“I am not resigned to the shutting away of loving hearts in the hard  ground.  So it is, and so it will be, for so it has been, time out of mind:  Into the darkness they go, the wise and the lovely.  Crowned with lilies  and with laurel they go, but I am not resigned. Lovers and thinkers, into the  earth with you.  Be one with the dull, the indiscriminate dust.   A fragment of what you felt, of what you knew, A formula, a phrase  remains,—but the best is lost. The answers quick and keen, the honest look,  the laughter, the love,—They are gone. They are gone to feed the roses.   Elegant and curled is the blossom. Fragrant is the blossom. I know. But I do not  approve.  More precious was the light in your eyes than all the roses in  the world.  Down, down, down into the darkness of the grave Gently they go,  the beautiful, the tender, the kind; Quietly they go, the intelligent, the  witty, the brave.  I know.  But I do not approve. And I am not  resigned.”
So, now that I’ve cheered everyone up with that poem.
6. You are from Iowa, went to college there and I need  to read a book set in Iowa for a reading challenge.  Can you help me out by  telling us a few of your favorite books set in Iowa?
I’ll give you a couple of “Iowa” book  references/recommendations. The obvious choice (and a good one) would be Jane  Smiley’s “A Thousand Acres,” which is based on King Lear. She’s also  written Ordinary Love and Good Will, which is  also set in Iowa, but I haven’t read it yet, although I hear it is  excellent. There are also references to “Iowa Bob” in one of John Irving’s  books, but the book, itself (The Hotel New  Hampshire), is set in New Hampshire although that   character is based on former University of Iowa football coach Bob Commins, I’m  told (now deceased: see poem above). For fine nonfiction,  try Methland by Nick Reding,  a searing  documentary-style look at Oelwein, Iowa, 12 miles from where I grew up and how  meth labs have destroyed the town. (It’s a quicker read, and a  worthwhile one.)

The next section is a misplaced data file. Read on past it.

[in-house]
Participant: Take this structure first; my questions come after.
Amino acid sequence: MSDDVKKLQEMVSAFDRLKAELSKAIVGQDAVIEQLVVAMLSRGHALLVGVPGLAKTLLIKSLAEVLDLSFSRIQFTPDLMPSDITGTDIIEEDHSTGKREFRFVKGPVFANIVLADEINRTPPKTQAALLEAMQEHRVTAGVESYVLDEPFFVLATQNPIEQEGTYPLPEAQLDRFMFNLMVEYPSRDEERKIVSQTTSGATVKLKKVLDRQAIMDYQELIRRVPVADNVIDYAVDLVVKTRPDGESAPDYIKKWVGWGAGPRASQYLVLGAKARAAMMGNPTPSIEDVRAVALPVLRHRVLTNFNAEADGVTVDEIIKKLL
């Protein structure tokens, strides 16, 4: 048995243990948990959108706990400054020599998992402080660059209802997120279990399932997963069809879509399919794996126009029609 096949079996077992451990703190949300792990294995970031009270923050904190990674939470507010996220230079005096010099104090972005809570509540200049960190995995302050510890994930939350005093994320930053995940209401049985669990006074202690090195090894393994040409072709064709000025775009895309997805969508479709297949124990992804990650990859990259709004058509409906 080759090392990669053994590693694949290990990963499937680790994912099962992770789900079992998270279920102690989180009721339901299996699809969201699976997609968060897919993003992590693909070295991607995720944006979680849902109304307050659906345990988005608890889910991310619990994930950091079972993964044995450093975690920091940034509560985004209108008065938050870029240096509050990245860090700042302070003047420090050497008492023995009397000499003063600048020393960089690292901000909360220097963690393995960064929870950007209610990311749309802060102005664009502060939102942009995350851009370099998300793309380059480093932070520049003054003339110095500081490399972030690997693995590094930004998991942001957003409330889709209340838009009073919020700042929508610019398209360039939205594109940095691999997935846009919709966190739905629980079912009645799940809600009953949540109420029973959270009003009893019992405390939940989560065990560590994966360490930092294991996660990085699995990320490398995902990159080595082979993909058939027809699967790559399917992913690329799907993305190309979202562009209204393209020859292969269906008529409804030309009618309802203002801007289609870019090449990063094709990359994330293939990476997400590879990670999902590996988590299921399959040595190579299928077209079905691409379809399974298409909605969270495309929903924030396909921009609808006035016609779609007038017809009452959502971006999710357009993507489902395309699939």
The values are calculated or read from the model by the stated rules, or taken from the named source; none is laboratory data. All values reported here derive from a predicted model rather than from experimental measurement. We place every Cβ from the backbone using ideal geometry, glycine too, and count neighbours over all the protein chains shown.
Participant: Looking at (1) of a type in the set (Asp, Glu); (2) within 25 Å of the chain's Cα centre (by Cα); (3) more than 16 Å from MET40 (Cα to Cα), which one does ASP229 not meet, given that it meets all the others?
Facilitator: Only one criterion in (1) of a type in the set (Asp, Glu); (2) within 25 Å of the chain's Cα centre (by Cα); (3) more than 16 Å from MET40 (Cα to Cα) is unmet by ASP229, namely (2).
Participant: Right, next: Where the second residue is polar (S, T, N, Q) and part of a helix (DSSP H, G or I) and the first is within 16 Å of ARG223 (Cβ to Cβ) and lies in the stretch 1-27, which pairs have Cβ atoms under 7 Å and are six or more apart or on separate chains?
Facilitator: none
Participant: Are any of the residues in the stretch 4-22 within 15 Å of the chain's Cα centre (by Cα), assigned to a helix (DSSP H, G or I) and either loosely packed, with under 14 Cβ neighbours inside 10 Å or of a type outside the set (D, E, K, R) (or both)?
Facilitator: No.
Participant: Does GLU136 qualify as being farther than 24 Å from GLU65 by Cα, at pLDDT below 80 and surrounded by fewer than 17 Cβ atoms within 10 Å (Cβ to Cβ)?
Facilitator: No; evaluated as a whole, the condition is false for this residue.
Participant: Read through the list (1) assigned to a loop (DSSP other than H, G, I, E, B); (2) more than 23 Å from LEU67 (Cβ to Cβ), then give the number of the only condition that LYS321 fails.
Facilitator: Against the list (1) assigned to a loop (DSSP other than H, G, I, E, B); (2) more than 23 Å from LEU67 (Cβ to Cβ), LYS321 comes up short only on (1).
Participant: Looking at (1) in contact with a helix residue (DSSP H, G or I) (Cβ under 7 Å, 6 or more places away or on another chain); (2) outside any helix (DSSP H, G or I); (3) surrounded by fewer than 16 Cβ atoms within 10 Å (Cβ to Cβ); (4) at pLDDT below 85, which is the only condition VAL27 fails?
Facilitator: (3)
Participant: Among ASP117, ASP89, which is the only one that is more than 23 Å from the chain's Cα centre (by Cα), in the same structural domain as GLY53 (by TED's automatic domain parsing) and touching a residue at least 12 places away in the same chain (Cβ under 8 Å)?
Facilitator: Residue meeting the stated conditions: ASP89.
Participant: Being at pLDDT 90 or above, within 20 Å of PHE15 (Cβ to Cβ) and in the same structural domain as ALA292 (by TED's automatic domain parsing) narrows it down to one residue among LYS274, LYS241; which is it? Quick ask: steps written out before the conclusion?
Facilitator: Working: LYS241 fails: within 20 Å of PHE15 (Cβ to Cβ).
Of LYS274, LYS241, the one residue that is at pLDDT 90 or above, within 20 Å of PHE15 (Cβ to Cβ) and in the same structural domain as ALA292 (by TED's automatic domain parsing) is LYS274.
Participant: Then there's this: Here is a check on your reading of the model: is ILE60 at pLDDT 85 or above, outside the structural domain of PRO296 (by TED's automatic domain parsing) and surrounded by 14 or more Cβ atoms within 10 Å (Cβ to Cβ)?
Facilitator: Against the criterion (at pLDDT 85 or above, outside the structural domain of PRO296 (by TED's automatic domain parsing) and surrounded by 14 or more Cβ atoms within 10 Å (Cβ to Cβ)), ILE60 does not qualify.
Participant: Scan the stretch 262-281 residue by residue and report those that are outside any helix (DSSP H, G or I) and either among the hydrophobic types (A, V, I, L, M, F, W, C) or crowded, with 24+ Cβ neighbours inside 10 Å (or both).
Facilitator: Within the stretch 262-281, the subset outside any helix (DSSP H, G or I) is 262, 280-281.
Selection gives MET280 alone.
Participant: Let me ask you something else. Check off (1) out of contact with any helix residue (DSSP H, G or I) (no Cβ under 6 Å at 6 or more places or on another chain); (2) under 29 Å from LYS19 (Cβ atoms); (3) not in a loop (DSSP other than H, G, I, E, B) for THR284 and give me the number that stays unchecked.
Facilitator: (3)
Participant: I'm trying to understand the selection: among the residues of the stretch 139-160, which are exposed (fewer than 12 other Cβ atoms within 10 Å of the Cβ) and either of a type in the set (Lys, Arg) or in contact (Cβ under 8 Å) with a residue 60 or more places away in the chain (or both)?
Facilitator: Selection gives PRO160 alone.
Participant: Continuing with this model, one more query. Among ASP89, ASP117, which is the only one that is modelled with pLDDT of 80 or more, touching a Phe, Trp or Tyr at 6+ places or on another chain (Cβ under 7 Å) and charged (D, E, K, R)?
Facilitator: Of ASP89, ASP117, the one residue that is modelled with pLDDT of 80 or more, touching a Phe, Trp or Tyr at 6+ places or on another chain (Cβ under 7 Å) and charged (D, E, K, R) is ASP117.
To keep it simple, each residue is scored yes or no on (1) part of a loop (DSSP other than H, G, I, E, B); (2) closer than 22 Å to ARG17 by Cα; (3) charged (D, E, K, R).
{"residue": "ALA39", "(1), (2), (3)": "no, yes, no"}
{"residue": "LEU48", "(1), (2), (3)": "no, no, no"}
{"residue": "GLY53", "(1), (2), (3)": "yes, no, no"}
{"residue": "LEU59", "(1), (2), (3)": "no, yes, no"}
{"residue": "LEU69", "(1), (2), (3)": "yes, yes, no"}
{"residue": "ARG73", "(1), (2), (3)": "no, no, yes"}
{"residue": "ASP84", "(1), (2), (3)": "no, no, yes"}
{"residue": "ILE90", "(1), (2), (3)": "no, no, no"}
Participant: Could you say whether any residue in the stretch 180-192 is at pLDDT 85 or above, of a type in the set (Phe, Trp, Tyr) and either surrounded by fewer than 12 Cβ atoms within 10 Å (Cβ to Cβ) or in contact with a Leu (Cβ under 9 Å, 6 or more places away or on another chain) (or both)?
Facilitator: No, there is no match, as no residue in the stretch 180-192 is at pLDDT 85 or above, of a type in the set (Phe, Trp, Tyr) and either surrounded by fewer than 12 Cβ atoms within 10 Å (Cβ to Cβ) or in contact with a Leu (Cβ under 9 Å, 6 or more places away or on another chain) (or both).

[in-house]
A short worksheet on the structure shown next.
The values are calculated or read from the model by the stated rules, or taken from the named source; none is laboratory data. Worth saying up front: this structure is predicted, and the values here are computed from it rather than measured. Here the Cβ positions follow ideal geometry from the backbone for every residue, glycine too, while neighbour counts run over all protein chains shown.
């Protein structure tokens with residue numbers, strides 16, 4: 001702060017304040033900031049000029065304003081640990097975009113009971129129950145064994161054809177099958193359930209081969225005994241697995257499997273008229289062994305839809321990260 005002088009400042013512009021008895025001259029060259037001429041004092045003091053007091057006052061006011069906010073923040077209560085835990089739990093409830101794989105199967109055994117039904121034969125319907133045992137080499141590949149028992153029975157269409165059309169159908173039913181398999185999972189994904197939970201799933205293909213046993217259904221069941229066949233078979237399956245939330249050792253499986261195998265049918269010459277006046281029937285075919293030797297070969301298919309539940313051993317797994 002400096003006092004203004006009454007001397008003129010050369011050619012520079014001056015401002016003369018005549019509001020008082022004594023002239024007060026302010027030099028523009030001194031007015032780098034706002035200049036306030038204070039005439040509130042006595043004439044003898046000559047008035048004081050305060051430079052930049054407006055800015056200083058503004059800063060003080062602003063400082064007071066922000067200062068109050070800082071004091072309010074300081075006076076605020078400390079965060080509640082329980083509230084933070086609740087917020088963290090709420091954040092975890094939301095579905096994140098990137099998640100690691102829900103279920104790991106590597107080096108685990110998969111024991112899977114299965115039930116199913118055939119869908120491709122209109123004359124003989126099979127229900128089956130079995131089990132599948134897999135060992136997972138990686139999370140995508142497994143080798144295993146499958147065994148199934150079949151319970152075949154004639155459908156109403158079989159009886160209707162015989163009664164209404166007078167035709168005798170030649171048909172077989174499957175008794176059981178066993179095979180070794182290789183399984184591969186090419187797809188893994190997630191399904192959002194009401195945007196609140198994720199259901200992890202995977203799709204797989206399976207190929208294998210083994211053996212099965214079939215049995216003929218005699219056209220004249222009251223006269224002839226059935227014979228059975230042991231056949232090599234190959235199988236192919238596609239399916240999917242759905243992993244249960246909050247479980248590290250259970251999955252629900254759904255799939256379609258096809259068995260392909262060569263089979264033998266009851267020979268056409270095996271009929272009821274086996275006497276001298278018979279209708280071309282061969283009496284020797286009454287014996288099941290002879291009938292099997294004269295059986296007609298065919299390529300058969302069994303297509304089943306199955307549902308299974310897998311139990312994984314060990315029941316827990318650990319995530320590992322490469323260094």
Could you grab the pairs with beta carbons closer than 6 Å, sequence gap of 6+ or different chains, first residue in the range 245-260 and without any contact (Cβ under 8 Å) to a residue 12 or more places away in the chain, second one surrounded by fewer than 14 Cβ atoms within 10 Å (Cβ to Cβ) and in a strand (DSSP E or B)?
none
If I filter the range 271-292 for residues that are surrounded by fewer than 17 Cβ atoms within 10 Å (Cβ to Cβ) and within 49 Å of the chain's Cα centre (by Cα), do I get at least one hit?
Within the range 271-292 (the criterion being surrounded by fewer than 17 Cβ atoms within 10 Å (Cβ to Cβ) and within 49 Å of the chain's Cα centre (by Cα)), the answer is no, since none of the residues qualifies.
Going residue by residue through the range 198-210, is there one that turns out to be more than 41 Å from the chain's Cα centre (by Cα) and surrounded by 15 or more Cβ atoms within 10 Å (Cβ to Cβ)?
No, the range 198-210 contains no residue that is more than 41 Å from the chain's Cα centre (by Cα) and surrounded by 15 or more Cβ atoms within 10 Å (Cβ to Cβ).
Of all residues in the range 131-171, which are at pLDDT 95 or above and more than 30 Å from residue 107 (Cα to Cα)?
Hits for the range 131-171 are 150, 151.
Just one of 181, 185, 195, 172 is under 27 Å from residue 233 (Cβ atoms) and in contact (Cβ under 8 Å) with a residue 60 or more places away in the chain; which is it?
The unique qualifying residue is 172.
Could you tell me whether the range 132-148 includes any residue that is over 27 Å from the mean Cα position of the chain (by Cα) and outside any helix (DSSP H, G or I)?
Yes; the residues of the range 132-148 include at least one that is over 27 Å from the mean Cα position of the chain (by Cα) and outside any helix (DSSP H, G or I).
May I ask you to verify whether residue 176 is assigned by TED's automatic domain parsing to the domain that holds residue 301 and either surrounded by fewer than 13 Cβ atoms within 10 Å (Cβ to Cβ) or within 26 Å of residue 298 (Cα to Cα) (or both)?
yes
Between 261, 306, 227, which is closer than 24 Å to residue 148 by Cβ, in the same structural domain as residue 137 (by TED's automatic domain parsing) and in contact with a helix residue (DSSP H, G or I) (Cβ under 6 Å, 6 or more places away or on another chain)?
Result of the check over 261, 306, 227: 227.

And, if you want to read something by a struggling genre author trying to  gain a foothold at least in E-books, I will happily send you  The Color of Evil, which is set in Cedar Falls, Iowa absolutely free!  It should be out in 2012. It is the  first book in a trilogy about a boy with paranormal abilities. The second book, Red Is for Rage, will take Tad McGreevy on into his  senior year of high school, just as the first book focuses on his junior  year in high school. [You could tell others that you are “a beta  reader” for a struggling novelist who has just completed her second  novel. It’s strictly genre reading with echoes of Stephen King. And, after  I publish the first one, I’m thinking of writing up my political adventures in  2004 and 2008 (nonfiction) to coincide with the upcoming presidential campaign.  I’m a movie and a political junkie, I guess, and it’s just as addictive as meth,  I fear.
Thanks for the excellent questions!

Laughing Through Life, by Connie Corcoran Wilson w/ GIVEAWAY

Laughing Through LifeFinished 12-12-11, rating 3/5, non-fiction stories, 170 pages, pub.2011

Wilson compiles stories from her life, from entertaining, to getting her ears pierced to politics.  She’s not a good cook, which accounts for a few of the more amusing stories, nor is she a good golfer, which I can easily relate to, although she is much braver than I am by putting her skills on display.  She is also unabashedly liberal, which is not a bad word in this house (I don’t consider myself a liberal, but detest it when some cable stations spit it out like it’s the worst of 4-letter words), and not shy about her anti-Bush sentiments.